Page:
W.G. Dunlop, AFP
Last updated: 8 November, 2011

Once-sensitive US sites to return to Iraqi control

What were once among the most sensitive US sites in Iraq, including a palace that housed top generals and a bombed-out villa that held Saddam Hussein, will soon be back in Iraqi hands.

US forces are closing down the Victory Base Complex (VBC) on Baghdad’s outskirts, a small city that once featured American fast-food chains and was the main base from which the US war in Iraq was run, and are to finish handing it over to the Iraqi government in December.

“The Victory Base Complex will transition over to the government of Iraq sometime in the first few weeks of December,” said Brigadier General Brad Becker, the deputy commanding general for support for the United States Division – Centre, who is responsible for the handover of bases.

There are currently about 8,500 personnel on VBC, with about 4,000 of them soldiers and the rest contractors, said Becker.

That is down from an estimated peak of more than 100,000 — some 42,000 military personnel and more than 65,000 contractors, according to Lieutenant Colonel Jerry Brooks, the command historian for United States Forces – Iraq (USF-I).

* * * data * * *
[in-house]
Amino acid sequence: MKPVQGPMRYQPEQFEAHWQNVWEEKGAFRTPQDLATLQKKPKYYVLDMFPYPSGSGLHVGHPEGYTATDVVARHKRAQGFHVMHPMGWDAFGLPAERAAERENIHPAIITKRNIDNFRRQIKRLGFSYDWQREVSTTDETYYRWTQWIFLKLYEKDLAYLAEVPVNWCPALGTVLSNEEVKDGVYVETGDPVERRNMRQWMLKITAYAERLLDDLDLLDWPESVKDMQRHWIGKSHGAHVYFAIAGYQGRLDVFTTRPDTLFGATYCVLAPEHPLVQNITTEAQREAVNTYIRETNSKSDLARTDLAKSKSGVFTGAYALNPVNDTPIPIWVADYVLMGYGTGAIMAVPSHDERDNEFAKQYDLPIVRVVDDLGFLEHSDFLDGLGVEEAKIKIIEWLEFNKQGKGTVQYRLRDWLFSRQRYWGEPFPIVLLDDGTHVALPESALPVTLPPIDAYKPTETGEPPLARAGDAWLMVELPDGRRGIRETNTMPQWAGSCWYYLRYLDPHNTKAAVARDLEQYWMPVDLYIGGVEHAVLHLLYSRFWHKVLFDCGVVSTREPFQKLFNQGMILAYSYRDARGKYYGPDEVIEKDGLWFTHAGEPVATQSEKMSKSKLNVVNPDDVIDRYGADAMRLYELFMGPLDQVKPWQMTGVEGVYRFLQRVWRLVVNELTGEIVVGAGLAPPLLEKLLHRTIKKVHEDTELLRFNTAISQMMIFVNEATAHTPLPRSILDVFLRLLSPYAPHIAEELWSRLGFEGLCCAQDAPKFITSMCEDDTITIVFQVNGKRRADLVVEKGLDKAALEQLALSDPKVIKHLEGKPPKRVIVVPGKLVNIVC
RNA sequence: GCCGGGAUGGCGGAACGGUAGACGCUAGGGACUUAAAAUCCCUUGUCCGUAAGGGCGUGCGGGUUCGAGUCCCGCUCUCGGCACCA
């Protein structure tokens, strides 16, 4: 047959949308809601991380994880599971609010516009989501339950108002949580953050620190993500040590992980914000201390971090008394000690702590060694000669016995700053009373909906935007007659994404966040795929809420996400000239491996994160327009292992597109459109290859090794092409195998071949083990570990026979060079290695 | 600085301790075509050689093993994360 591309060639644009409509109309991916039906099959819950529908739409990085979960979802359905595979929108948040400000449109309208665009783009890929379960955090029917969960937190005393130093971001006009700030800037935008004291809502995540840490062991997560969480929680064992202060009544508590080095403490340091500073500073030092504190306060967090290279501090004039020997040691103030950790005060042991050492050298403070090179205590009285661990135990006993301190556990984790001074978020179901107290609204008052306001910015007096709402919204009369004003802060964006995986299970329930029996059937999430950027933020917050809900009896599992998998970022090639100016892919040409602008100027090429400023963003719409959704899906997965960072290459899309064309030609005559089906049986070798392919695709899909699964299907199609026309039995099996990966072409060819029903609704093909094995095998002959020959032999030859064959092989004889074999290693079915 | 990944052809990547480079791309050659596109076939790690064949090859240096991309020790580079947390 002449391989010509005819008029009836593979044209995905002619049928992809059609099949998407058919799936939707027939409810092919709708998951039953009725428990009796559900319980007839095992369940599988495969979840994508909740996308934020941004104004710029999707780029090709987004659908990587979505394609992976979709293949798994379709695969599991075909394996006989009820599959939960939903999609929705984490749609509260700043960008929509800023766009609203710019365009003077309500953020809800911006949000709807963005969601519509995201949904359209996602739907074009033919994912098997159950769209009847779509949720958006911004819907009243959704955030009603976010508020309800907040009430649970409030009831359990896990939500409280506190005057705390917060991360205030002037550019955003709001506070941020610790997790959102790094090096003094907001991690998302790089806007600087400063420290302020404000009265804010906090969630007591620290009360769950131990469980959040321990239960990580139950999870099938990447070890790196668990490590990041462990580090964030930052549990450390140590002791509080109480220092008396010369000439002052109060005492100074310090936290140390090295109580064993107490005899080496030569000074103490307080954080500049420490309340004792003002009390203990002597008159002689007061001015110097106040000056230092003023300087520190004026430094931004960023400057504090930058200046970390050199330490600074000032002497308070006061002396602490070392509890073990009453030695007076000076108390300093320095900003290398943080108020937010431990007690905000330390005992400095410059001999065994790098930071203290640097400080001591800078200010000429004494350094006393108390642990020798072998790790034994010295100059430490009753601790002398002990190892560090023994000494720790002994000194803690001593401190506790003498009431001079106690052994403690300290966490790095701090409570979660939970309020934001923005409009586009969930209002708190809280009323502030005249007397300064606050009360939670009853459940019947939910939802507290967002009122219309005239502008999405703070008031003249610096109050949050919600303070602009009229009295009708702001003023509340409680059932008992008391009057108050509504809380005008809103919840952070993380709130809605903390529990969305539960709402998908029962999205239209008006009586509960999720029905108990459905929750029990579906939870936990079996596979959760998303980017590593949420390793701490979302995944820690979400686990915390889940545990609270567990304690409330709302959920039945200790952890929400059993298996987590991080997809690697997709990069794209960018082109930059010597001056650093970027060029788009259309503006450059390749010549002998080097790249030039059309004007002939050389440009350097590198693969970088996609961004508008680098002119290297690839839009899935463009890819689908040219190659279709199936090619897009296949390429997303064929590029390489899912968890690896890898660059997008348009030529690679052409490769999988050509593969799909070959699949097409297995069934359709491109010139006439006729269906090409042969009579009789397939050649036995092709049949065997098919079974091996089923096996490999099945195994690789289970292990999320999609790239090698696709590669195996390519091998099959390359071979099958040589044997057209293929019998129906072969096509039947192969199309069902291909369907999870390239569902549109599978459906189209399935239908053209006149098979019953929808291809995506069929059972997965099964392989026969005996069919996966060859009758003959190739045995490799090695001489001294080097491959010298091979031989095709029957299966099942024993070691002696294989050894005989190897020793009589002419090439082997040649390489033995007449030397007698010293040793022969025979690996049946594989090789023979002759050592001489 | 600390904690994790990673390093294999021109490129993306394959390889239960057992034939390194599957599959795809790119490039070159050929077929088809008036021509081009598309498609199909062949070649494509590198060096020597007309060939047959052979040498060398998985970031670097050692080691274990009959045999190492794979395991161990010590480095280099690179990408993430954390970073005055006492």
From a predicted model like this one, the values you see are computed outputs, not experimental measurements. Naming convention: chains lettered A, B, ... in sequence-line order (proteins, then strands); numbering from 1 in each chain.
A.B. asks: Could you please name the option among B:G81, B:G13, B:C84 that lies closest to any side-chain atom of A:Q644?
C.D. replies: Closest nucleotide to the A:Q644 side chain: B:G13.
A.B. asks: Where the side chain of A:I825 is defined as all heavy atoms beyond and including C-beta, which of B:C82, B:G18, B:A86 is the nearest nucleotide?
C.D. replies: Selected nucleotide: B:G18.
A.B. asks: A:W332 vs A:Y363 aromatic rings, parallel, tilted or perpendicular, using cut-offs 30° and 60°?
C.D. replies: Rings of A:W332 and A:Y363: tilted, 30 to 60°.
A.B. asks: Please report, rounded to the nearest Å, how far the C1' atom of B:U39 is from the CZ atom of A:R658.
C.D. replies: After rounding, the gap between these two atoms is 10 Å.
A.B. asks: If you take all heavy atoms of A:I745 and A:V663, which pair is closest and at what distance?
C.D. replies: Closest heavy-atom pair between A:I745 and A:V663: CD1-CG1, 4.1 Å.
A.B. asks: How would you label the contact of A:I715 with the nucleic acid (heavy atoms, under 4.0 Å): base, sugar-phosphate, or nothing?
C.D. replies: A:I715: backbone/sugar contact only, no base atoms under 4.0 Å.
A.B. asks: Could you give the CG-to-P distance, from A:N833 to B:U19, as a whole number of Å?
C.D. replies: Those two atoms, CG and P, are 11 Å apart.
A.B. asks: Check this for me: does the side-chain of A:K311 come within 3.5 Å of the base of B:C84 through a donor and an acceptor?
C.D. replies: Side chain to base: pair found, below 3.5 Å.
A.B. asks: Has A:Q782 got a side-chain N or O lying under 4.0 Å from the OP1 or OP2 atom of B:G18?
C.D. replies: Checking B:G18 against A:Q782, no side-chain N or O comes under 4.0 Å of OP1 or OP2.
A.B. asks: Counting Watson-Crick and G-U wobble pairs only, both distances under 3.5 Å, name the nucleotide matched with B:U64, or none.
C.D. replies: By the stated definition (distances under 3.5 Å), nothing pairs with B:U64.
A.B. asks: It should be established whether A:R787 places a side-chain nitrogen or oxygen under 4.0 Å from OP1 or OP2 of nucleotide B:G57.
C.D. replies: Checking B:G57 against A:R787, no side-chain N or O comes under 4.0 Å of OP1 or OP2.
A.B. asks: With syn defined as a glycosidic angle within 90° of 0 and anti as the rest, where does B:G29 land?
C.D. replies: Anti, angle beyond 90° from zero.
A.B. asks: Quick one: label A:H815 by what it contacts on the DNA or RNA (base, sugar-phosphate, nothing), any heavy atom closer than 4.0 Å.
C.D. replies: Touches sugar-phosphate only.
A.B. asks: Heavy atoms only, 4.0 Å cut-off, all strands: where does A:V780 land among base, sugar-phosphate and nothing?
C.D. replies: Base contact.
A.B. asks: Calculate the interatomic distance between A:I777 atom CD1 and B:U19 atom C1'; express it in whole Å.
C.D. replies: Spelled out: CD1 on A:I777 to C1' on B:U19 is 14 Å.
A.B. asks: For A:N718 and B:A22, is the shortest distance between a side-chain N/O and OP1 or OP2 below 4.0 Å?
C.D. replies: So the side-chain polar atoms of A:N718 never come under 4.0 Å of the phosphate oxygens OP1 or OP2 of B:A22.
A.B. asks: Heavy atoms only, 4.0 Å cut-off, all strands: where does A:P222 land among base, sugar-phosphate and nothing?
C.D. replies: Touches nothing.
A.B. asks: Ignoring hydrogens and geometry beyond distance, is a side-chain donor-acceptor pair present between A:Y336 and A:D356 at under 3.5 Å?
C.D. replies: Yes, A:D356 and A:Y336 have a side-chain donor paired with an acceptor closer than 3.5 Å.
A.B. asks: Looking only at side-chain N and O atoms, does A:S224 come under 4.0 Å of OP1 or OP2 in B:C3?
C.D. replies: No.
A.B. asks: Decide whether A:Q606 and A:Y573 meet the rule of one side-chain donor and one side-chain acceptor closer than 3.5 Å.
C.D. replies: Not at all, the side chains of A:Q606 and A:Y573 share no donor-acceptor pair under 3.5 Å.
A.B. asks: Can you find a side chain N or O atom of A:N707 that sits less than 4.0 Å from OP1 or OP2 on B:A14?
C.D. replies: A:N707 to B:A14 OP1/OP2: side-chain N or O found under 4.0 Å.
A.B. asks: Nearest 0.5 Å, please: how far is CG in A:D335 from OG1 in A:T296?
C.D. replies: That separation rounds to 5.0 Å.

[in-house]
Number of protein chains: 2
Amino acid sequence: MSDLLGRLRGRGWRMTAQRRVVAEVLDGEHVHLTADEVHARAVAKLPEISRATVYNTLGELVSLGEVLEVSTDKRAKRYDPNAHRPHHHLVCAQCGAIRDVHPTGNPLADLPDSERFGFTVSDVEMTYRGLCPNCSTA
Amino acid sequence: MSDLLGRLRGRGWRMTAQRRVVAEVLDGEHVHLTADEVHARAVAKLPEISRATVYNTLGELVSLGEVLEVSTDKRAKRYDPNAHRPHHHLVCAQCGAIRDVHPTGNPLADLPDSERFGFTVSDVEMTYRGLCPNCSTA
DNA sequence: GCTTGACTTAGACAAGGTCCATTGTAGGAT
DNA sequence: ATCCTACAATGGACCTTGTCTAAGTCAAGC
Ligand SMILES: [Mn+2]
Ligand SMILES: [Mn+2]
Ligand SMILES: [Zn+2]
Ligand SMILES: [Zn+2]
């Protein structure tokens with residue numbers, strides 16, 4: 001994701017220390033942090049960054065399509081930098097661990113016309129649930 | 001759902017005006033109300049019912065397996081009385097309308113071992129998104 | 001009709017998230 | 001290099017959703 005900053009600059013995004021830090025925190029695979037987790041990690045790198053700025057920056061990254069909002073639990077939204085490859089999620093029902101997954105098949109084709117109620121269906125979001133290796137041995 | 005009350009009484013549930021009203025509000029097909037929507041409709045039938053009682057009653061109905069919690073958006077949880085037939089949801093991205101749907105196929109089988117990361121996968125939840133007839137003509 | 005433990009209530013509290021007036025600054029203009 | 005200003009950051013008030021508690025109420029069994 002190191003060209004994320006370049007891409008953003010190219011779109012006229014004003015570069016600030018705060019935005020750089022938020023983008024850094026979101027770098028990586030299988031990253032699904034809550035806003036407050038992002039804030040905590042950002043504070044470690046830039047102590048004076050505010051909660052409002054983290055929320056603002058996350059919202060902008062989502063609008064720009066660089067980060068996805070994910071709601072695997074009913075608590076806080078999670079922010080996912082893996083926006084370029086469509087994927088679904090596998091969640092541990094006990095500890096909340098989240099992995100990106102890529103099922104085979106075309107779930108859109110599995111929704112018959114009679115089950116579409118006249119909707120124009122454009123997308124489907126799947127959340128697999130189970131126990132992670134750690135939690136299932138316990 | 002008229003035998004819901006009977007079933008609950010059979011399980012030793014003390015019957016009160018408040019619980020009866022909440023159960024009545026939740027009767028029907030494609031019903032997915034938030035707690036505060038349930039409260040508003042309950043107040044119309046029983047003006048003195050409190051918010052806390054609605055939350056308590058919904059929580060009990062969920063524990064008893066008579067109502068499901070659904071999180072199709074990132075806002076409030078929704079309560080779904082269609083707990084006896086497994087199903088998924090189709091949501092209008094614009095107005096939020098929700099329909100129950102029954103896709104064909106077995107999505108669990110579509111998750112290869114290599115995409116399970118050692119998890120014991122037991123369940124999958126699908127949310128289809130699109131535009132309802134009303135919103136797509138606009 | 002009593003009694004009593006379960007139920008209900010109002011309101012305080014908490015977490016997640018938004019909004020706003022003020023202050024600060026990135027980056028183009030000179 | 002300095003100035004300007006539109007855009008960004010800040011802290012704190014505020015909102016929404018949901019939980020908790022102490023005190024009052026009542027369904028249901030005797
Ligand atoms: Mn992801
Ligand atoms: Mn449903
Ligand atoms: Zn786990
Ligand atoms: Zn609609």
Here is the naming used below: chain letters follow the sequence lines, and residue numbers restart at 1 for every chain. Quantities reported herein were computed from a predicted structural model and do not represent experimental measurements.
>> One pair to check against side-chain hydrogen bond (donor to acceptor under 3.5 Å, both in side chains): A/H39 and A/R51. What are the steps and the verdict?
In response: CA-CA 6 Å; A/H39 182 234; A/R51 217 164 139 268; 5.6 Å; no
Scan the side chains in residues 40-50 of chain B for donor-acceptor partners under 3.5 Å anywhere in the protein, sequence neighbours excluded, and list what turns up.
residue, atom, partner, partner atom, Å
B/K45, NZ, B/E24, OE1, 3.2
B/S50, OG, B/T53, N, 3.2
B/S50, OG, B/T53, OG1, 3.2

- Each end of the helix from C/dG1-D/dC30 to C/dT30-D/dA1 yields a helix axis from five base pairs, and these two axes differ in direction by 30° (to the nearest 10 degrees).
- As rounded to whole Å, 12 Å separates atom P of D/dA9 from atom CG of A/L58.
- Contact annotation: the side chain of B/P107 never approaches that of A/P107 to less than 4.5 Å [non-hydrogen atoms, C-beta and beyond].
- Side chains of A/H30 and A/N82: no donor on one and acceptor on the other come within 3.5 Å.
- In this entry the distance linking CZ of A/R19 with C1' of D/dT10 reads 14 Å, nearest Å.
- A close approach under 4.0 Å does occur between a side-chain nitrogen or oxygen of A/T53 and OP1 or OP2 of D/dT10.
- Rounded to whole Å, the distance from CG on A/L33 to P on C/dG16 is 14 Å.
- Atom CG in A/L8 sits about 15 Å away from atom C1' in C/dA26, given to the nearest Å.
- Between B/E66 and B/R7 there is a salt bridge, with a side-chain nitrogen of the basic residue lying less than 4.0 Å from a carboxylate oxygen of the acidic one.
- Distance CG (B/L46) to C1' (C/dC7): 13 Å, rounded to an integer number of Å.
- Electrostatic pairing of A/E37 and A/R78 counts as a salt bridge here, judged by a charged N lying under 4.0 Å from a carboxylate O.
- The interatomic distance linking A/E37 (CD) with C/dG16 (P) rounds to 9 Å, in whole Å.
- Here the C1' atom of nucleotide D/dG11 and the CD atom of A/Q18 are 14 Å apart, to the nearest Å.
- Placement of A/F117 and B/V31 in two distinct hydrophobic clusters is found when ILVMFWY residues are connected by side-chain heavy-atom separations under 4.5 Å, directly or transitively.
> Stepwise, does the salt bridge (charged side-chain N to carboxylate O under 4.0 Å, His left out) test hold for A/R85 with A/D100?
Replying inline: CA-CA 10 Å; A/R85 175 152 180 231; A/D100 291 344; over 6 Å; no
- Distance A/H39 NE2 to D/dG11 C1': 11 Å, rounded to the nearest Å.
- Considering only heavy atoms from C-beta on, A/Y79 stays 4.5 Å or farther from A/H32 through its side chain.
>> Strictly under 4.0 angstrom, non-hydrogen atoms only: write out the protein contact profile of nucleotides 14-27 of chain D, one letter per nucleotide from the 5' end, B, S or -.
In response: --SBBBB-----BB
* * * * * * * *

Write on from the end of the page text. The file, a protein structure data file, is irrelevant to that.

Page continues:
Some portions of VBC have already been handed over to Iraq.

One that has not is known as Camp Victory, a sprawling collection of canals, man-made lakes, palm trees and palaces.

It was a secret, guarded area in which Saddam housed visiting dignitaries before his overthrow in 2003, and it has been no less guarded in the years since, when the palaces housed top US commanders and served as the administrative nerve centre for US forces in Iraq.

The top US generals here have lived in the 25,000-square-foot (2,300-square-metre), 20-room waterfront Al-Ez palace, which was completed in 1994 and is said to have been a favourite of the late King Hussein of Jordan.

“Since 2003, it has been used as the residence for the commanding general of the various task forces that have been here,” said Brooks.

“First it was Lieutenant General Ricardo Sanchez, and then General George Casey, and then General David Petraeus, General Ray Odierno, and the last occupant was the current USF-I commander, General Lloyd Austin,” he said.

Austin moved to Baghdad’s heavily fortified Green Zone in September 2011, and the palace has been empty since.

The bedroom where the commanding generals stayed features the original bed, an over-the-top piece that has light green and gold trim and two doves with linked wings topping the headboard.

But “this was not just a living quarters — this was also a working office,” Brooks said, noting that there is an office next door.

Al-Ez is dwarfed by another waterfront palace, the 450,000-square-foot (41,800-square-metre), 62-room, 29-bathroom Al-Faw, which features a multi-story rotunda, swathes of marble, massive chandeliers and kitsch furniture.

Al-Faw was once the workplace of more than 3,000 US personnel, said Brooks.

“This is where all the planning was done,” he said, although it was initially used as a barracks for troops and a dining facility.